To address these issues, we are developing a second-generation codebase for PLINK. The first major release from this codebase, PLINK 1.9, introduces extensive use of bit-level parallelism, O(sqrt(n))-time/constant-space Hardy-Weinberg equilibrium and Fisher’s exact tests, and many other algorithmic improvements. In combination, these changes accelerate most operations by 1-4 orders of magnitude, and allow the program to handle datasets too large to fit in RAM. This will be followed by PLINK 2.0, which will introduce (a) a new data format capable of efficiently representing probabilities, phase, and multiallelic variants, and (b) extensions of many functions to account for the new types of information.
The second-generation versions of PLINK will offer dramatic improvements in performance and compatibility. For the first time, users without access to high-end computing resources can perform several essential analyses of the feature-rich and very large genetic datasets coming into use.
An extended reply to Mendez et al.: The ‘extremely ancient’ chromosome that still isn’t
Eran Elhaik, Tatiana V. Tatarinova, Anatole A. Klyosov, Dan Graur
(Submitted on 15 Oct 2014)
Earlier this year, we published a scathing critique of a paper by Mendez et al. (2013) in which the claim was made that a Y chromosome was 237,000-581,000 years old. Elhaik et al. (2014) also attacked a popular article in Scientific American by the senior author of Mendez et al. (2013), whose title was “Sex with other human species might have been the secret of Homo sapiens’s [sic] success” (Hammer 2013). Five of the 11 authors of Mendez et al. (2013) have now written a “rebuttal,” and we were allowed to reply.
Unfortunately, our reply was censored for being “too sarcastic and inflamed.” References were removed, meanings were castrated, and a dedication in the Acknowledgments was deleted. Now, that the so-called rebuttal by 45% of the authors of Mendez et al. (2013) has been published together with our vasectomized reply, we decided to make public our entire reply to the so called “rebuttal.” In fact, we go one step further, and publish a version of the reply that has not even been self-censored.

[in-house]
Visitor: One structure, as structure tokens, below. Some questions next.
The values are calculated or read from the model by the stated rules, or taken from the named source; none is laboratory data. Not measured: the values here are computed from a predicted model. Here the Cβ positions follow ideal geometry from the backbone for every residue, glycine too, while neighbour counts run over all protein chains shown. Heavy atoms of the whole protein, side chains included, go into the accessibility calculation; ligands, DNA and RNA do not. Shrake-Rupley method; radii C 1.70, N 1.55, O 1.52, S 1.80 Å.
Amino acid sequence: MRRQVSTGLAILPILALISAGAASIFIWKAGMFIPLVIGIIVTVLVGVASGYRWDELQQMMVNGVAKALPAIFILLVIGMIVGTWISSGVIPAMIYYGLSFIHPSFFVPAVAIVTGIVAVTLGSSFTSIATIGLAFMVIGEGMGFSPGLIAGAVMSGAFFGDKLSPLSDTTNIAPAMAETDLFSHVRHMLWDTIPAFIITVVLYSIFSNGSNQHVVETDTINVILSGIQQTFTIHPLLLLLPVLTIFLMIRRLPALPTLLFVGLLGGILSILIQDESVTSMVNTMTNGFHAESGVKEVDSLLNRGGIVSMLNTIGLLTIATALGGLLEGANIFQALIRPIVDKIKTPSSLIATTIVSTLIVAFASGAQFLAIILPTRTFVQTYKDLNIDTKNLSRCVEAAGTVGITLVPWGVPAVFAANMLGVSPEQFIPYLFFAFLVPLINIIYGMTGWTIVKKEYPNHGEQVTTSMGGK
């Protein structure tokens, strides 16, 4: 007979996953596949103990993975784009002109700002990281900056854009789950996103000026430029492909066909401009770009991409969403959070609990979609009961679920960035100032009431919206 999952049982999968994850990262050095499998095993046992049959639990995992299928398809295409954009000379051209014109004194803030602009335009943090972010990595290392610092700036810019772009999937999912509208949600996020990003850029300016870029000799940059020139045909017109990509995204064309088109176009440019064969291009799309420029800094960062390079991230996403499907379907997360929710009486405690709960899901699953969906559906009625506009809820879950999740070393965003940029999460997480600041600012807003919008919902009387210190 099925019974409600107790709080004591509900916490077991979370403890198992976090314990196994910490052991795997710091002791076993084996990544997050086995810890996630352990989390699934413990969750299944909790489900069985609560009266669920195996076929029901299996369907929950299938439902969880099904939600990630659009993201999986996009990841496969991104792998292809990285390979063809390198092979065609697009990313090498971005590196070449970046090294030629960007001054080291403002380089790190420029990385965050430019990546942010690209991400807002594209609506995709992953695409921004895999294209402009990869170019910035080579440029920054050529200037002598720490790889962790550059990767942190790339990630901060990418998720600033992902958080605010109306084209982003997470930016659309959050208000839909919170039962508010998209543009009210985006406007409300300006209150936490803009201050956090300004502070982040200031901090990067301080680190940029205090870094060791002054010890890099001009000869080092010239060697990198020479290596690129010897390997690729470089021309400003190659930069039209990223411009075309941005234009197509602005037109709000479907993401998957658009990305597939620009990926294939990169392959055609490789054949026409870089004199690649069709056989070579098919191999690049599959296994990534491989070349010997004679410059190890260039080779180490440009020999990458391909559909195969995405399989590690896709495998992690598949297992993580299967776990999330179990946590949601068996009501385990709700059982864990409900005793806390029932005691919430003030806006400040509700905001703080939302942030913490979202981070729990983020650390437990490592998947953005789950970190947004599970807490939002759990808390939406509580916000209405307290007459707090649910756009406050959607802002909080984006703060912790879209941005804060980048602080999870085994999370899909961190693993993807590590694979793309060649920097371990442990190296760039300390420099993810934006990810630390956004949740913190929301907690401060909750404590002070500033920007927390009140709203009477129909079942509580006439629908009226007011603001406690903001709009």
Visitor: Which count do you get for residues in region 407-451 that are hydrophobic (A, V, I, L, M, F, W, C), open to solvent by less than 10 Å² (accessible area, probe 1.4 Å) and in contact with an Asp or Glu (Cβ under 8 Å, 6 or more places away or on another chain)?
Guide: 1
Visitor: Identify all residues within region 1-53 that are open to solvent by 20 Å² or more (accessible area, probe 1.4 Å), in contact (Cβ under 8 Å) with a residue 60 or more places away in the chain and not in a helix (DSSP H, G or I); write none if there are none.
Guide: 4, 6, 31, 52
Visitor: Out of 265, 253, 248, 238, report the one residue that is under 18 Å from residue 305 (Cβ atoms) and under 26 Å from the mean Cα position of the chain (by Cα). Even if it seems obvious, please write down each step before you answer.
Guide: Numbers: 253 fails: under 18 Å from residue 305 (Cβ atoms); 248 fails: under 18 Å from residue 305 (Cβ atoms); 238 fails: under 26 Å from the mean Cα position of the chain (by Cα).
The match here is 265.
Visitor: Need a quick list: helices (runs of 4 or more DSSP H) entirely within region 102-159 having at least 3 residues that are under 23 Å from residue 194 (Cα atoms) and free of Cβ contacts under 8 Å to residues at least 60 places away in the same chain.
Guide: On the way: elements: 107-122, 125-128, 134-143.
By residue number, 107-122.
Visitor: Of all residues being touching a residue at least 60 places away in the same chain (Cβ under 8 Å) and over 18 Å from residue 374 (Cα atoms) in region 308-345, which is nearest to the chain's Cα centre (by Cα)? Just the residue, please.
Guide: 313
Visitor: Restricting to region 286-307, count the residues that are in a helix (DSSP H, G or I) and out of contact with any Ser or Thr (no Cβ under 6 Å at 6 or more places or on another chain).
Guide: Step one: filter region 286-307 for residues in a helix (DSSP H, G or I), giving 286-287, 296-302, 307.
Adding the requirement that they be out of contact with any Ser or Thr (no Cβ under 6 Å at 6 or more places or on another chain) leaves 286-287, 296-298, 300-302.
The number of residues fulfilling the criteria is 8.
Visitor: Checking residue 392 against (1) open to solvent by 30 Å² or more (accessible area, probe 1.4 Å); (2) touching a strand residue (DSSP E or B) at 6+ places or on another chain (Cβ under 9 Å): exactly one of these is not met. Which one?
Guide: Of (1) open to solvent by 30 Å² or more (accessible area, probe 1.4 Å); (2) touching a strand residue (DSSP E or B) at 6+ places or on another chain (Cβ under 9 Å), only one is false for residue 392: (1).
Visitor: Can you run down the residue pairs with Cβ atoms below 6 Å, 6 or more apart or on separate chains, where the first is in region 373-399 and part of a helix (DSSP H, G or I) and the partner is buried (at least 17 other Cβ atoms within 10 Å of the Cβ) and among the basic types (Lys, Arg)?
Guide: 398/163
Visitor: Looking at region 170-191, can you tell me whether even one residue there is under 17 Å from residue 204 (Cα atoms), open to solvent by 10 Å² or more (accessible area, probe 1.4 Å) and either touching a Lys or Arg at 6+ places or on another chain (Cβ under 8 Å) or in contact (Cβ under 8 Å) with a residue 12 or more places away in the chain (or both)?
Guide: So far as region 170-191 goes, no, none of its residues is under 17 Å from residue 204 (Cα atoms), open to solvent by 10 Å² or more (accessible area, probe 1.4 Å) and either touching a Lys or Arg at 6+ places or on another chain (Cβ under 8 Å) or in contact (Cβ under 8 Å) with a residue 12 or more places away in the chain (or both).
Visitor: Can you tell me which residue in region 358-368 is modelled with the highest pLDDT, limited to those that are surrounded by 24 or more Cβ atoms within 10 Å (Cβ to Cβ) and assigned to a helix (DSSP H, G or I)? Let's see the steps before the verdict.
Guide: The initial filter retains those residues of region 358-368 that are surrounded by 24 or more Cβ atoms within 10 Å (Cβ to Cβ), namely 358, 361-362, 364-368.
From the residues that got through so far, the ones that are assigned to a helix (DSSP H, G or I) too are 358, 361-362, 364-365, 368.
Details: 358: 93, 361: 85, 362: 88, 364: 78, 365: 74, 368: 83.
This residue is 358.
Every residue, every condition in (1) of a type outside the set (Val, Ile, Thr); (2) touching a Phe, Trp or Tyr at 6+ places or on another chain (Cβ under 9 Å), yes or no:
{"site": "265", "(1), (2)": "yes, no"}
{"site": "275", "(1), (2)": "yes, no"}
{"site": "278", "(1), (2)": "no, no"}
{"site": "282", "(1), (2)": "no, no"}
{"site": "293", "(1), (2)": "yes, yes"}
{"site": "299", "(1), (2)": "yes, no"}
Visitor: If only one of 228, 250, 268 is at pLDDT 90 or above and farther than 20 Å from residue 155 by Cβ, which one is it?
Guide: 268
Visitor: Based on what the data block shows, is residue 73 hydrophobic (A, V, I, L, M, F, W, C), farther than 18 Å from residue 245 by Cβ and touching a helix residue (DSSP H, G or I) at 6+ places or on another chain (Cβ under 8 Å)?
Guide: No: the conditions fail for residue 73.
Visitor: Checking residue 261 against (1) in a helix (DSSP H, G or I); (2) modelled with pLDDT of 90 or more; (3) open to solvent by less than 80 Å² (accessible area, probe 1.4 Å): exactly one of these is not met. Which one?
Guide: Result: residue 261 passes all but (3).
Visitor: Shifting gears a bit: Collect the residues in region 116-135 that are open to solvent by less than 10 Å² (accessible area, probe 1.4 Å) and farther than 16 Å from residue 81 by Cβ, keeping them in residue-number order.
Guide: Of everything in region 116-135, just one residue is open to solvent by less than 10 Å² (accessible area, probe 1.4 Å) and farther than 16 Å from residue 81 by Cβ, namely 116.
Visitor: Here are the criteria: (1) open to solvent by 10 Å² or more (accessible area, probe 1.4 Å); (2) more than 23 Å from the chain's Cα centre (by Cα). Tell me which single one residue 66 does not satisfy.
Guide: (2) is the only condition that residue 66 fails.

Now, that the so-called rebuttal by 45% of the authors of Mendez et al. (2013) has been published together with our vasectomized reply, we decided to make public our entire reply to the so called “rebuttal.” In fact, we go one step further, and publish a version of the reply that has not even been self-censored.
Whole-genome sequencing is more powerful than whole-exome sequencing for detecting exome variants
Aziz Belkadi, Alexandre Bolze, Yuval Itan, Quentin B Vincent, Alexander Antipenko, Bertrand Boisson, Jean-Laurent Casanova, Laurent Abel
We compared whole-exome sequencing (WES) and whole-genome sequencing (WGS) for the detection of single-nucleotide variants (SNVs) in the exomes of six unrelated individuals. In the regions targeted by exome capture, the mean number of SNVs detected was 84,192 for WES and 84,968 for WGS. Only 96% of the variants were detected by both methods, with the same genotype identified for 99.2% of them. The distributions of coverage depth (CD), genotype quality (GQ), and minor read ratio (MRR) were much more homogeneous for WGS than for WES data. Most variants with discordant genotypes were filtered out when we used thresholds of CD≥8X, GQ≥20, and MRR≥0.2. However, a substantial number of coding variants were identified exclusively by WES (105 on average) or WGS (692). We Sanger sequenced a random selection of 170 of these exclusive variants, and estimated the mean number of false-positive coding variants per sample at 79 for WES and 36 for WGS. Importantly, the mean number of real coding variants identified by WGS and missed by WES (656) was much larger than the number of real coding variants identified by WES and missed by WGS (26). A substantial proportion of these exclusive variants (32%) were predicted to be damaging. In addition, about 380 genes were poorly covered (~27% of base pairs with CD<8X) by WES for all samples, including 49 genes underlying Mendelian disorders. We conclude that WGS is more powerful and reliable than WES for detecting potential disease-causing mutations in the exome.